Indeed, such monopolistic bluster is looking increasingly empty thanks to determined political leaders with a strategic vision of bolstering free-market forces. In the Baltic region, Lithuania is leading the charge. In 2011, Lithuania adopted the EU’s Third Energy Package before any other EU member state, and chose the most aggressive version. Vilnius immediately announced plans to diversify its sources of natural gas supply by contracting for a floating liquid natural gas (LNG) terminal at Klaipeda, scheduled to begin operating in 2014. Vilnius also announced it would end Gazprom’s control of Lithuania’s entire natural gas transit network by separating the country’s internal gas distribution pipelines from its gas transmission pipelines, which import exclusively Russian gas. Gazprom retaliated in early 2011 by charging Lithuania 15% more for natural gas than Estonia and Latvia, and then suing Lithuania at the UN’s international trade arbitration tribunal. According to Moskovskie Novosti, Gazprom’s Deputy Chairman Valery Golubov explained, “Vilnius’s inadequate behavior while restructuring the gas sector, and trying to separate the gas transmission pipelines from SC Lietuvos Dujos” justified the price increase.  Ultimately, however, Gazprom acquiesced to the Lithuanian Government’s relentless commitment to bolster free-market forces in solidarity with the EU. In May 2012, Gazprom accepted the Lithuanian Government’s pipeline unbundling plan at the Lietuvos Dujos shareholders’ general assembly.
Lithuania is proceeding with its aggressive implementation of the Third Energy Package, ahead of all other EU member states. On July 3, 2012, the Lithuanian Government announced a tender for a new pipeline to link the Klaipeda LNG terminal with the country’s natural gas transmission system. Parliament is also debating legislation requiring Lithuania to purchase at least 25% of its natural gas as LNG at the Klaipeda terminal; this aims to prevent Gazprom from destroying the economic advantages of the Klaipeda terminal by dumping cheap gas on the Lithuanian market. Lithuania and Poland are also planning a cross-border gas pipeline of 3 to 5 BCM to facilitate free-market trading of natural gas between the two countries’ national gas grids, with diversified sources of supply from LNG arriving at both Klaipeda and Poland’s planned LNG terminal at Świnoujście. Taken together, these measures will provide the physical infrastructure required to develop a full-fledged gas trading hub. The regulatory and legal framework of such a hub was put in place with the establishment of the Baltpool natural gas exchange, formed under Lithuania’s Law on Natural Gas that was passed on August 1, 2011.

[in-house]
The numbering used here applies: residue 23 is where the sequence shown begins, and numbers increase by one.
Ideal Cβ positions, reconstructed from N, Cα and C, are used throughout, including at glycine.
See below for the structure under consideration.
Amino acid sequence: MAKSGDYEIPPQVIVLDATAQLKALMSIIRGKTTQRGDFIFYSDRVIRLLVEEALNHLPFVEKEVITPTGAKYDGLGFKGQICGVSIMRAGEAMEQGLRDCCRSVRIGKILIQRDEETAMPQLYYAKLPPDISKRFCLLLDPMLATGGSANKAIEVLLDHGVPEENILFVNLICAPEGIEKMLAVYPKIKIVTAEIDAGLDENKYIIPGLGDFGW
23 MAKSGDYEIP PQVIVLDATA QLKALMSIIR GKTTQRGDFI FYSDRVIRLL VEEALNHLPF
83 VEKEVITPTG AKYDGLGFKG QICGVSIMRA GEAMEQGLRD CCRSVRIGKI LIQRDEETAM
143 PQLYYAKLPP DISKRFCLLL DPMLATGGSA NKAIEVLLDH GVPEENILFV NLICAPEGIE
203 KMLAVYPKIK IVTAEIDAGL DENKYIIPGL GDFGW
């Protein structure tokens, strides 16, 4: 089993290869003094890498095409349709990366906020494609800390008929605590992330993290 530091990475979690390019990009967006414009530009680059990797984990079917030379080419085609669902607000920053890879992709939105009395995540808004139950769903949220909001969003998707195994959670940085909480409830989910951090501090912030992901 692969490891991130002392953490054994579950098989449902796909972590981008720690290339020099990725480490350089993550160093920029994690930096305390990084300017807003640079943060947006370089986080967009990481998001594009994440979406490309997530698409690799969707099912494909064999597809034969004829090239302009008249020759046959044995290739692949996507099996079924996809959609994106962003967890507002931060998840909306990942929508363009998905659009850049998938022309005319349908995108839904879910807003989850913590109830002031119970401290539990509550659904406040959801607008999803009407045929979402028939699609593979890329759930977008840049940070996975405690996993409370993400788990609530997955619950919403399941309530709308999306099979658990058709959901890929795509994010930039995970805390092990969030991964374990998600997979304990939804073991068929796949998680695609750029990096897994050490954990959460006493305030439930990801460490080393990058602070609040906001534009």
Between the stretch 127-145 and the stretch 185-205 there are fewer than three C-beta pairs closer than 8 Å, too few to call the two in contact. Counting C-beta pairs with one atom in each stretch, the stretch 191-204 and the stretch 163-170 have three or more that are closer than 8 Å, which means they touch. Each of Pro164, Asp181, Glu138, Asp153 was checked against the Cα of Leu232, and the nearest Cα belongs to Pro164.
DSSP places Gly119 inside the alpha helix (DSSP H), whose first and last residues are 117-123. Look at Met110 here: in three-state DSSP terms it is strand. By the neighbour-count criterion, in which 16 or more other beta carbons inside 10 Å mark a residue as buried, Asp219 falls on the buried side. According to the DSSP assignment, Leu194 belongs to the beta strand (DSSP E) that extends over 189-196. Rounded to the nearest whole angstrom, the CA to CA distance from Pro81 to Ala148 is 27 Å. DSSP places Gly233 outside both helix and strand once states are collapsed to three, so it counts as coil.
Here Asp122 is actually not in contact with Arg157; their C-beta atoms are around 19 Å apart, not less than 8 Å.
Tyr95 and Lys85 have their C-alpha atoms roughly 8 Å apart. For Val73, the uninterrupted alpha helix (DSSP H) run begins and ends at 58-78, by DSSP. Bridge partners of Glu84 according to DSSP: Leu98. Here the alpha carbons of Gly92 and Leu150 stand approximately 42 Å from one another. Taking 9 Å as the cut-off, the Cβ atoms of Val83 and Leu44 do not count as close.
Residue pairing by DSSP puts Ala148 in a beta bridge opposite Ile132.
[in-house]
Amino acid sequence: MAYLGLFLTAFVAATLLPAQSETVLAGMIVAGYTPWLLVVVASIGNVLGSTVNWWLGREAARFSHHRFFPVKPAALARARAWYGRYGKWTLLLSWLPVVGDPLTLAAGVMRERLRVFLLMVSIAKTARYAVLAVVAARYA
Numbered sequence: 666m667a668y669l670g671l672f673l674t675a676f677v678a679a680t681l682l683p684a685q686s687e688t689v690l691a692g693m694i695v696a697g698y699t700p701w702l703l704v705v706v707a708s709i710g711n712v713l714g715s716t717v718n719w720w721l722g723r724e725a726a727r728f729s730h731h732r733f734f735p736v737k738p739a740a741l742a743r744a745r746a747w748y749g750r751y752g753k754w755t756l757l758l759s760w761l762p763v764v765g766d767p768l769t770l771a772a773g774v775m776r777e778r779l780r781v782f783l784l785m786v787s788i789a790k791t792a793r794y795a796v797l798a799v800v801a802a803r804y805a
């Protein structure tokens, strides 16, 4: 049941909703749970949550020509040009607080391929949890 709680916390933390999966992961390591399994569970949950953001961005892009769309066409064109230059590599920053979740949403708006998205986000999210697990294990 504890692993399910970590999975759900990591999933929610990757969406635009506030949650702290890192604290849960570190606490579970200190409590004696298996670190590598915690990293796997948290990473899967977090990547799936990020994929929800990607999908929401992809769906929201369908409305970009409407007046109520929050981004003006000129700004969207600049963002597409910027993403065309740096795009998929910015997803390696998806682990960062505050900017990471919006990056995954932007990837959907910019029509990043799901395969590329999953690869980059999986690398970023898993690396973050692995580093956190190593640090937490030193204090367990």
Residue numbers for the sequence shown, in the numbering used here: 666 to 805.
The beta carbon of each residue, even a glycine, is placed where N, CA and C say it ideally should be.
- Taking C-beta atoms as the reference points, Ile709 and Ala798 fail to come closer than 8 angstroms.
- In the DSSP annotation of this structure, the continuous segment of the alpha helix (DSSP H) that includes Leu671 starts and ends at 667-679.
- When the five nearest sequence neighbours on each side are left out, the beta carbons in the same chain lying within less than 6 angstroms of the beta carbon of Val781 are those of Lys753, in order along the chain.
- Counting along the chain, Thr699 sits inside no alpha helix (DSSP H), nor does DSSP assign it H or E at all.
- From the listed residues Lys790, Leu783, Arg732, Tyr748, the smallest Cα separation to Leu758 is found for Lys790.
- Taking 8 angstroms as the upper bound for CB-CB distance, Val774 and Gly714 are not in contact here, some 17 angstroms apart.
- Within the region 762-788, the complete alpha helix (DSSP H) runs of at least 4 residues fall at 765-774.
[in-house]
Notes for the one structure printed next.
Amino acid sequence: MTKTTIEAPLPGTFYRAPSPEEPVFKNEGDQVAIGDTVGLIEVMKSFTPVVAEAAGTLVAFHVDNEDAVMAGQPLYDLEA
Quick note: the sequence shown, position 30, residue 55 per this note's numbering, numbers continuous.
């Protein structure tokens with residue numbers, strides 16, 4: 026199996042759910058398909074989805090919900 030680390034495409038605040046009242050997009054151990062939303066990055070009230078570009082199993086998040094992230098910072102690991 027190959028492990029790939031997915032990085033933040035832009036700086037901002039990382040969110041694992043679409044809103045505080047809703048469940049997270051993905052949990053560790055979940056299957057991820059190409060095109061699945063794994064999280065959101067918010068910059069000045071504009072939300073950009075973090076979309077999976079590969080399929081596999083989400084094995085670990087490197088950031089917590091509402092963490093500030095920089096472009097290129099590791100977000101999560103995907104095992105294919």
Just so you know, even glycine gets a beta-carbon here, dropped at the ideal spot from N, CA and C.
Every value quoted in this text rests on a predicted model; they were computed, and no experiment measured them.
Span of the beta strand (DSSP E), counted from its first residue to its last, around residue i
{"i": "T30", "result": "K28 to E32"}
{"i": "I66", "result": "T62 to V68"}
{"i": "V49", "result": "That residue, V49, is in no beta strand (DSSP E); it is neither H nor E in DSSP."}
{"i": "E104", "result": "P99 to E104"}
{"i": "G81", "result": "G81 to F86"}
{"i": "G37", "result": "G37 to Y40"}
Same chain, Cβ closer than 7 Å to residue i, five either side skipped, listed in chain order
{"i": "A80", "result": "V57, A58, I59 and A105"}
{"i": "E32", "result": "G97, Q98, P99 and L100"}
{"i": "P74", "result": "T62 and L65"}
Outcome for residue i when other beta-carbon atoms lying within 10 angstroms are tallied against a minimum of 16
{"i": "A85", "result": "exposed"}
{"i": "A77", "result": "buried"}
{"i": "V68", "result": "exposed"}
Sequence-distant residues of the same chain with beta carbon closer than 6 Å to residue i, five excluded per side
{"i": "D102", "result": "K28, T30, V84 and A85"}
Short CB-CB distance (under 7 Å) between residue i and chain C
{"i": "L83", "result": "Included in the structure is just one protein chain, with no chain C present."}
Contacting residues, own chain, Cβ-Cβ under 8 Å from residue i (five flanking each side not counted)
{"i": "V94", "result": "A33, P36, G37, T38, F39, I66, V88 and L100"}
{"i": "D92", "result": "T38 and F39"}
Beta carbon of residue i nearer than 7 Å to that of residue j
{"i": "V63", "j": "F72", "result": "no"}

Outside Lithuania, progress toward spot-trading and gas hubs is also moving, though more slowly. In Latvia, the national government is considering the construction of a large LNG terminal (for which Riga seeks EU financial support) that is intended to serve all three Baltic markets. Latvia is also planning pipelines to link its gas grid with the networks of Lithuania and Estonia, and provide all three states access to Latvia’s crucial gas storage facility at Ināukalns. However, the Latvian Government has yet to commit to implement the EU’s Third Energy Package.  Consequently, Latvia’s entire natural gas pipeline system and the gas storage facility at Ināukalns remain unavailable for free-market trading. 
In Estonia, the country’s top leaders worry that as long as the Ināukalns gas storage facility remains under Gazprom’s control, a regional LNG terminal in Latvia would not enhance Estonia’s security of gas supply during crucial winter months. Estonian Minister of Economic Development Juhan Parts outlined this reasoning in a letter leaked to the press during summer 2011, in which he noted expressed concern about the lack of transparency in conditions for use of the Ināukalns facility.  The Estonian Government consequently directed Elering, Estonia’s state-owned electricity transmission company, to develop plans for Estonia’s own LNG terminal. In May 2012, Elering and the Port of Tallinn announced a joint feasibility study for an LNG terminal at Muuga harbor in Tallinn. Elering, which co-owns the Estlink electricity transmission cable between Estonia and Finland, is also exploring a sub-sea pipeline linking Estonia with Finland’s natural gas grid. This connection, coupled with a new LNG terminal in Tallinn, would provide Estonia and Finland their first diversified supplies of natural gas, thereby laying the foundation for another potential gas hub in the Baltic region. Momentum toward such a hub accelerated on June 6, 2012, when the Estonian Parliament approved the implementation of the EU’s Third Energy Package.